Tag Archives: Kenya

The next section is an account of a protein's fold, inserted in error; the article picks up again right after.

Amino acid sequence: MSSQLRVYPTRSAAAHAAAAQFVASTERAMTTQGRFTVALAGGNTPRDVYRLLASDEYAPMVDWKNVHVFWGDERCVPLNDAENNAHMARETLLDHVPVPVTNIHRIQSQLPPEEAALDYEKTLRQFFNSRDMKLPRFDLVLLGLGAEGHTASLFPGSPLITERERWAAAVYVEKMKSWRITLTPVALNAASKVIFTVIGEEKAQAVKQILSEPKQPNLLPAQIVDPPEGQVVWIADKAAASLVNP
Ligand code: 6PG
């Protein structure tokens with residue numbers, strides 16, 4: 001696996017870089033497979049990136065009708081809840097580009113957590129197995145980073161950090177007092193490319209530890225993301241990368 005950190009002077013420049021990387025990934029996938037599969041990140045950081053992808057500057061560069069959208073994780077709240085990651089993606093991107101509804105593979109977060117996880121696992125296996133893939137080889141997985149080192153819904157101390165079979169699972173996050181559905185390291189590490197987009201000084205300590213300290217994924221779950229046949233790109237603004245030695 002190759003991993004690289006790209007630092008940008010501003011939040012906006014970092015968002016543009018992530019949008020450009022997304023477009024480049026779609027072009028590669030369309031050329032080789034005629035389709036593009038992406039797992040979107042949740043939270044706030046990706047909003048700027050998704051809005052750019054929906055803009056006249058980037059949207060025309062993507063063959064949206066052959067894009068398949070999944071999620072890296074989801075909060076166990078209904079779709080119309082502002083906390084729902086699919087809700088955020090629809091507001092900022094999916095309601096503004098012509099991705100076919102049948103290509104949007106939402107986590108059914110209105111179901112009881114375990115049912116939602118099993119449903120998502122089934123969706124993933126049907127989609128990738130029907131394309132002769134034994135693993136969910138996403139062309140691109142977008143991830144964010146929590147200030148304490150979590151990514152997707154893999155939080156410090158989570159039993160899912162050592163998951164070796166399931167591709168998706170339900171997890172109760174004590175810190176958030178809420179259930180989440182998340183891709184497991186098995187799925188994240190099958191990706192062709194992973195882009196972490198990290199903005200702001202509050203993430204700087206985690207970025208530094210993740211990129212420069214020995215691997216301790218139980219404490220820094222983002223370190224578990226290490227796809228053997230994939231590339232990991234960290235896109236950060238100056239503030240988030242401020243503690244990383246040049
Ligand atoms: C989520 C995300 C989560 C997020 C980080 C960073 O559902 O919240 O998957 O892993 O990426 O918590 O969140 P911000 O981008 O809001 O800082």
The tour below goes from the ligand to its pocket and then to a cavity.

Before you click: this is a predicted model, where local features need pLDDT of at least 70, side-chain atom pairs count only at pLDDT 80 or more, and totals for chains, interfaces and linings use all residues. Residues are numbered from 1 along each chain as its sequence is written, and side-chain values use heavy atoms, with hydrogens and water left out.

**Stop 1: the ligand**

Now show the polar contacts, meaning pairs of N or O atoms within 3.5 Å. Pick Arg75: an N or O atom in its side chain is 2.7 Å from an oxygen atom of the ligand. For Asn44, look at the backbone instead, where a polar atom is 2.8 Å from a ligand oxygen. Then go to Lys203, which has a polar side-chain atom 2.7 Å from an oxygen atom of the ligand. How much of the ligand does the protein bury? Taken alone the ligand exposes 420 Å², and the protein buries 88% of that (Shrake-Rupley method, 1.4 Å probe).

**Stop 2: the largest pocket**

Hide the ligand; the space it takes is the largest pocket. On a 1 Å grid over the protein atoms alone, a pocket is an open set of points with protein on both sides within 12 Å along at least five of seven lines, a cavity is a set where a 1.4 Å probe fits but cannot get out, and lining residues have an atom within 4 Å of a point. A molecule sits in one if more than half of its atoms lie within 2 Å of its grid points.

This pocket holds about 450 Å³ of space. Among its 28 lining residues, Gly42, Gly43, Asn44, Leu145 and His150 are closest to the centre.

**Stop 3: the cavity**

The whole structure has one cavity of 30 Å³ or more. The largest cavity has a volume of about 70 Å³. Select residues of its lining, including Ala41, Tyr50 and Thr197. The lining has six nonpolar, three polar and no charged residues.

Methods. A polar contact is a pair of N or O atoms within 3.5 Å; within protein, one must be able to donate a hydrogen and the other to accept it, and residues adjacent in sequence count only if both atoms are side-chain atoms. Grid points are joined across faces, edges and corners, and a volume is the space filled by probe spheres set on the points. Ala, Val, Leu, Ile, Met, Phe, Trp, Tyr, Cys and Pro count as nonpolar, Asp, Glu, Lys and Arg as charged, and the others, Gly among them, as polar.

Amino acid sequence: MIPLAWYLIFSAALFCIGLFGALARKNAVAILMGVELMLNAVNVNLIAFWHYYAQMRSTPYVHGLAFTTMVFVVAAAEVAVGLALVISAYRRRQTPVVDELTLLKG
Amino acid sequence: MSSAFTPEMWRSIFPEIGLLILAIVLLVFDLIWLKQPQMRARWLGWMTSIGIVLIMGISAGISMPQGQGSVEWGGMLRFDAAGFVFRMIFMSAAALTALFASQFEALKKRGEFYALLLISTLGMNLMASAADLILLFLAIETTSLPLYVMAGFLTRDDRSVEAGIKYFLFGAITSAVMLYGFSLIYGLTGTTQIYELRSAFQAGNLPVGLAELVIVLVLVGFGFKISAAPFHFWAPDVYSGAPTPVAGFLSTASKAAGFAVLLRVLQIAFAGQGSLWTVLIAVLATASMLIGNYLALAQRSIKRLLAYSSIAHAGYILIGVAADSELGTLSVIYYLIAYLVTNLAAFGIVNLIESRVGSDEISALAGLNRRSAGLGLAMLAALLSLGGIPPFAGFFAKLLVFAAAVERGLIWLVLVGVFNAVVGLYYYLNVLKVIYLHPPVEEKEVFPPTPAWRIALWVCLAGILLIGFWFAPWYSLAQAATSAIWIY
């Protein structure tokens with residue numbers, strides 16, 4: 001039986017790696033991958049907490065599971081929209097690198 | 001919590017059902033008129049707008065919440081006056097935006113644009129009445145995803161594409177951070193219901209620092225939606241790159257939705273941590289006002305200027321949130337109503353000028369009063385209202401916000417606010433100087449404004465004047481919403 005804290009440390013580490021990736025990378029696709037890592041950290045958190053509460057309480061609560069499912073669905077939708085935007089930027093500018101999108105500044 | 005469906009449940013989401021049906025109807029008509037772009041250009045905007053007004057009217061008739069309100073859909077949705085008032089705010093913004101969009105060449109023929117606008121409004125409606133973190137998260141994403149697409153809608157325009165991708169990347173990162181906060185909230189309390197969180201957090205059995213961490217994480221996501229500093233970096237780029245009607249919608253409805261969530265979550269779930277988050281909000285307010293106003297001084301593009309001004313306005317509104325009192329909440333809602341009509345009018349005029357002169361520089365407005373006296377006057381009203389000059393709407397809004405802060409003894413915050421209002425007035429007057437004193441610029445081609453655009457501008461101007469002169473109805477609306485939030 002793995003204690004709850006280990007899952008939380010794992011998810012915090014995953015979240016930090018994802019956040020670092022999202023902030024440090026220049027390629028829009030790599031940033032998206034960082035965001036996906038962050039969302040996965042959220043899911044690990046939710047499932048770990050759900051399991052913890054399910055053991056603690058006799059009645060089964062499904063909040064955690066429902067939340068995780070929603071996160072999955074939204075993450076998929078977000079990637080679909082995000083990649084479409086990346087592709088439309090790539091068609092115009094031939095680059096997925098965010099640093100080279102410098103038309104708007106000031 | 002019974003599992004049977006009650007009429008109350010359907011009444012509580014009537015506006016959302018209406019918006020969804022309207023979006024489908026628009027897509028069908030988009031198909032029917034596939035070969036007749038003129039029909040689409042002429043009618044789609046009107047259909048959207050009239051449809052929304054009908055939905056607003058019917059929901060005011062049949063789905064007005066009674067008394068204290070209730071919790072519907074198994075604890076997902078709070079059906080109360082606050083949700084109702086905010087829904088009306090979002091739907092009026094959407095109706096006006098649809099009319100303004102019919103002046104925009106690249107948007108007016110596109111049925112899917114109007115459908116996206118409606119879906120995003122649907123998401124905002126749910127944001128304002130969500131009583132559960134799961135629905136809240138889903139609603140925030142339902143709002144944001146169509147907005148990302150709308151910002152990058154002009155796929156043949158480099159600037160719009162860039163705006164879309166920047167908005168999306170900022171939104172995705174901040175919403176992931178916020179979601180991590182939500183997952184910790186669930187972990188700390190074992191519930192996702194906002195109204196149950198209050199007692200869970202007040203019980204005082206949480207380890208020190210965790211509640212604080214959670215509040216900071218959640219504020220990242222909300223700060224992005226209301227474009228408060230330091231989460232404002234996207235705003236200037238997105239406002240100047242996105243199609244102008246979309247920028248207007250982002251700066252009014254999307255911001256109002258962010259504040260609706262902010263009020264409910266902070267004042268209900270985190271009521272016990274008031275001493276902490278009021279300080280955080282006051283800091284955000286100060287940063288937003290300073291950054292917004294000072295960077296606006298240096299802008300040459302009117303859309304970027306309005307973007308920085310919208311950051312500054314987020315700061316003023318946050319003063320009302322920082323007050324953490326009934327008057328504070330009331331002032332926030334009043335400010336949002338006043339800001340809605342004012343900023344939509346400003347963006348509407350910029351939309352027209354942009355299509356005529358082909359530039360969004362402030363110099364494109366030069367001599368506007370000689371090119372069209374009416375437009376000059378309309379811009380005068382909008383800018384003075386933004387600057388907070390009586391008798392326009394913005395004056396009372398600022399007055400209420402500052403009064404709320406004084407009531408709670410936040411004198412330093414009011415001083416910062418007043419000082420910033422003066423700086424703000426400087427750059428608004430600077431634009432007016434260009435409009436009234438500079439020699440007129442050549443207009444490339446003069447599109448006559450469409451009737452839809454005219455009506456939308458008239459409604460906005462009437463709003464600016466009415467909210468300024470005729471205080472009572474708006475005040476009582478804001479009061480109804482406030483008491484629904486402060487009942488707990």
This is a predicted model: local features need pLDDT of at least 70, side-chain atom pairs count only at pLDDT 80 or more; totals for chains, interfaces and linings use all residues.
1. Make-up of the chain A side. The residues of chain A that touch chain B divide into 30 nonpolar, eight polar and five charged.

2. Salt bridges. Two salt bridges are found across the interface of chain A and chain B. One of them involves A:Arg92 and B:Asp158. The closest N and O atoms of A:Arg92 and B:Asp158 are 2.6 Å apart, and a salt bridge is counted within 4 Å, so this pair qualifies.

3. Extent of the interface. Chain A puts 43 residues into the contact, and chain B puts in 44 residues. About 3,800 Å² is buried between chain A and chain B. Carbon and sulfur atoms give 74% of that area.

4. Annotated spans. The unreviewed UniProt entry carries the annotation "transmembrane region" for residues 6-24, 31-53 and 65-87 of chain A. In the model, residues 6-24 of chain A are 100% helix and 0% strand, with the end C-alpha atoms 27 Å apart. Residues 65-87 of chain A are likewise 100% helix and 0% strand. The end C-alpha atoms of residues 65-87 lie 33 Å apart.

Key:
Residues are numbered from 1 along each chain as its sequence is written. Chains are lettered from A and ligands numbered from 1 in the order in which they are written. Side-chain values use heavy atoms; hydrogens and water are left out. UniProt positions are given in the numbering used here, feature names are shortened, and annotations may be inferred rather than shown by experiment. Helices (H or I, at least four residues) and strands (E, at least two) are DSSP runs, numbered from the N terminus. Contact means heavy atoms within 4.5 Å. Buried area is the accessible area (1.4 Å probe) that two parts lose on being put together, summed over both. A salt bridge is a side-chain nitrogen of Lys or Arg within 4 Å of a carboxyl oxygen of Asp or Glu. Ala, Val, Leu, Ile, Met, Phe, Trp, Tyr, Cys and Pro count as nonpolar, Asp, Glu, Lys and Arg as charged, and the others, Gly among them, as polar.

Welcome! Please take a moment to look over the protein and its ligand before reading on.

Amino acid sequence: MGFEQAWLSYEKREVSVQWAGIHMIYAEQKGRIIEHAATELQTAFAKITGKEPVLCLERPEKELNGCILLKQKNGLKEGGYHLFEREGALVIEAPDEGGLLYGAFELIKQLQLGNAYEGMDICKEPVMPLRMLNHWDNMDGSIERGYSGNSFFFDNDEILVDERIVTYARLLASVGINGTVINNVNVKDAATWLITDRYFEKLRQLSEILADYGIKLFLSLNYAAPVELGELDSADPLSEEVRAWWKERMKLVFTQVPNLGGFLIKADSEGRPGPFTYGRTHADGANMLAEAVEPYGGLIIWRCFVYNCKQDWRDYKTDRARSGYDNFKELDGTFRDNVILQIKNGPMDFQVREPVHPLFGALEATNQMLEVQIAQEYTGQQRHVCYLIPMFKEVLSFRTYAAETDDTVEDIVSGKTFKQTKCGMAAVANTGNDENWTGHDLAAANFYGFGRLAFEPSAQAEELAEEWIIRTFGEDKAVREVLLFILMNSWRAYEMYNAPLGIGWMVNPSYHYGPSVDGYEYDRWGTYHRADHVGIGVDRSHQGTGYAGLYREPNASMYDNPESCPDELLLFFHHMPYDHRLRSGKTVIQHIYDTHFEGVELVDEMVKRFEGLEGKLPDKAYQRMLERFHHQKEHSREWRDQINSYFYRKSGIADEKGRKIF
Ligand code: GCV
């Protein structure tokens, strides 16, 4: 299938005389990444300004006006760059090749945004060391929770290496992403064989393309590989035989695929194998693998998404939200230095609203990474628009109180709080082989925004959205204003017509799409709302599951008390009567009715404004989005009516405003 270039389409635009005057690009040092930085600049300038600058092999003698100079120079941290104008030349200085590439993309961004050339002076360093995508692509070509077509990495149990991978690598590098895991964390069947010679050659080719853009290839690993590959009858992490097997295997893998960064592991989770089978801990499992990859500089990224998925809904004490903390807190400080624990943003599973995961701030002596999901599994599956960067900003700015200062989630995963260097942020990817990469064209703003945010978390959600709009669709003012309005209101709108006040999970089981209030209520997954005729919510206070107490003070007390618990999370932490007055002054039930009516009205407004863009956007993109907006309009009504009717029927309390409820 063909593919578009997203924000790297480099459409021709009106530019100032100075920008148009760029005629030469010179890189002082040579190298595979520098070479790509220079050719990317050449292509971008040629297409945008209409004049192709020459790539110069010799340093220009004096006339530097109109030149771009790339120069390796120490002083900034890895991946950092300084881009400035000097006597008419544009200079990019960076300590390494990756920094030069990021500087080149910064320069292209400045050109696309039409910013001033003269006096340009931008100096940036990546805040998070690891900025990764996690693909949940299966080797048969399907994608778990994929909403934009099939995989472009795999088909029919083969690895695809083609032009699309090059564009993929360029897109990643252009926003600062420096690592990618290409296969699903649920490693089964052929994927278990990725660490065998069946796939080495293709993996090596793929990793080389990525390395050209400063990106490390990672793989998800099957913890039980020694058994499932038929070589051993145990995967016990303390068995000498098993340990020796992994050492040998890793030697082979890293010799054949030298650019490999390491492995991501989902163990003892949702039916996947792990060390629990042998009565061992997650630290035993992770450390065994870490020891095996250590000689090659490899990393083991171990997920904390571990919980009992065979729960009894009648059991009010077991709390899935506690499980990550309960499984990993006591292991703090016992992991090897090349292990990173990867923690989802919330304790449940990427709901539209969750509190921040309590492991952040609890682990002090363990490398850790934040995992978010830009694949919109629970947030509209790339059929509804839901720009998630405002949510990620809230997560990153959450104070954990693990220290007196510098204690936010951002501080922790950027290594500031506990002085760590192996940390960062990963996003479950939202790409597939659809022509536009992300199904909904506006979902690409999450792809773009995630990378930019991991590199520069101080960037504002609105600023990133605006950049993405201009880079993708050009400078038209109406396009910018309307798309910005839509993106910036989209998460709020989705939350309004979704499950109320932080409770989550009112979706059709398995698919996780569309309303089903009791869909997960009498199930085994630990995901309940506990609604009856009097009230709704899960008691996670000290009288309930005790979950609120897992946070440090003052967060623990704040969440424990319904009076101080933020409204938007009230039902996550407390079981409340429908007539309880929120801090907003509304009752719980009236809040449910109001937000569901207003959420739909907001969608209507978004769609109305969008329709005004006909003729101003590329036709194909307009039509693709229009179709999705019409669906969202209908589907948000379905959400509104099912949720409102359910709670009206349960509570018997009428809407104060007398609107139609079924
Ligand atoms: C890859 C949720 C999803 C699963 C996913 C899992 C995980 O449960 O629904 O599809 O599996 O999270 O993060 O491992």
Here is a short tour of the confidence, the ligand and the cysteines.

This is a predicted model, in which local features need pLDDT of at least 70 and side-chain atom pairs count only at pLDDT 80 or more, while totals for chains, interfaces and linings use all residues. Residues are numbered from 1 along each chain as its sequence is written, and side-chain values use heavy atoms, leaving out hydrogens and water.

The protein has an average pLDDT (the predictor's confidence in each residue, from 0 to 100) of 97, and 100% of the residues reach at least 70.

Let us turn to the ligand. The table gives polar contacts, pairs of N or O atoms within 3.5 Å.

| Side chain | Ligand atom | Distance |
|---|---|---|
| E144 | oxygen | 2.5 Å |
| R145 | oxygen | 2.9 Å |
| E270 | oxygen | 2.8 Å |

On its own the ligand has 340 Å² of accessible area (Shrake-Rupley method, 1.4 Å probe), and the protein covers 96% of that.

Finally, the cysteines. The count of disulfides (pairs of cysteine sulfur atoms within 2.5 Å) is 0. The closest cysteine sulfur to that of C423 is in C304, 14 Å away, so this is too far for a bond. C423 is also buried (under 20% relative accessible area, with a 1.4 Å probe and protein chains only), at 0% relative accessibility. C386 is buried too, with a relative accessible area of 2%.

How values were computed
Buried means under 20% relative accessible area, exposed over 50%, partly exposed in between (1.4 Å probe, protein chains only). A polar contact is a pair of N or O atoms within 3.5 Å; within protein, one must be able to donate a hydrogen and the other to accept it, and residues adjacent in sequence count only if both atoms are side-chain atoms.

According to collegesanduniversitiesinusa, Kenya has a long and varied educational history, with formal education first being introduced by Christian missionaries in the late 19th century. During the colonial period, education opportunities were largely restricted to a select few, with most of the educational resources being concentrated in urban areas. After independence in 1963, Kenya’s government began to prioritize education as a means of economic development. The Education Act of 1968 established the 8-4-4 system of education which is still in place today. This system consists of 8 years of primary schooling, 4 years of secondary schooling and 4 years at tertiary institutions. The government also implemented a series of reforms designed to increase access to education for all Kenyans including initiatives such as free primary education and school feeding programs. Today, Kenya has one of the highest literacy rates in Africa and continues to invest heavily in its educational sector. The country has over 24,000 primary schools with an enrollment rate at nearly 100%. At the secondary level there are over 3,000 schools and enrollment is at around 70%. As for tertiary institutions, there are over 60 universities spread across the country offering courses from technical training to PhDs. Kenya has also made great strides in improving its vocational training system so that young people can acquire skills needed for employment or entrepreneurship after leaving school. The government has invested heavily in building technical training institutes throughout the country which provide students with hands-on experience and knowledge related to specific trades such as automotive repairs or welding. Overall, Kenya’s educational system has come a long way since independence and continues to be an area that receives significant investment from both the public and private sectors. The country’s commitment towards increasing access to quality education is paying off as more Kenyans are able to take advantage of modern learning opportunities than ever before. In 2009, Kenya was a multi-party democracy with a unitary presidential system of government. The country was divided into eight provinces, each headed by an elected governor, and the national government was led by the President. The country also had two official languages: English and Kiswahili. Kenya’s foreign policy in 2009 was focused on strengthening regional economic integration and security cooperation. The country maintained good relations with its neighbors in East Africa, as well as with other countries in the African Union, the Commonwealth of Nations, and the United Nations (UN). Kenya also actively sought to improve its diplomatic relations with major powers such as the United States (US), China, India, and Russia. At the time, Kenya’s economy was heavily reliant on agriculture which accounted for around 25% of its GDP. However, due to political instability and corruption allegations against senior government officials, economic growth had been slow throughout much of the 2000s. As a result of this stagnation in economic performance, poverty rates remained high at around 45%. The security situation in Kenya was volatile at this time due to an ongoing conflict between rival ethnic groups over land ownership rights that had been simmering since independence in 1963. In addition to this internal conflict, Kenya faced threats from terrorist groups such as al-Shabaab which sought to undermine the government’s authority through acts of violence against civilians. In response to these threats, Kenyan forces launched numerous counterinsurgency operations throughout 2009 aimed at tackling militant groups operating within its borders. These operations received significant support from international partners including US military forces who provided assistance in training and equipping Kenyan troops for combat operations against terrorists. Overall, despite some political turbulence and security concerns during this period, Kenya managed to remain relatively stable throughout 2009 thanks largely to its strong regional ties and commitment towards regional economic integration initiatives such as COMESA (Common Market for Eastern and Southern Africa). Check mathgeneral for Kenya in 2017.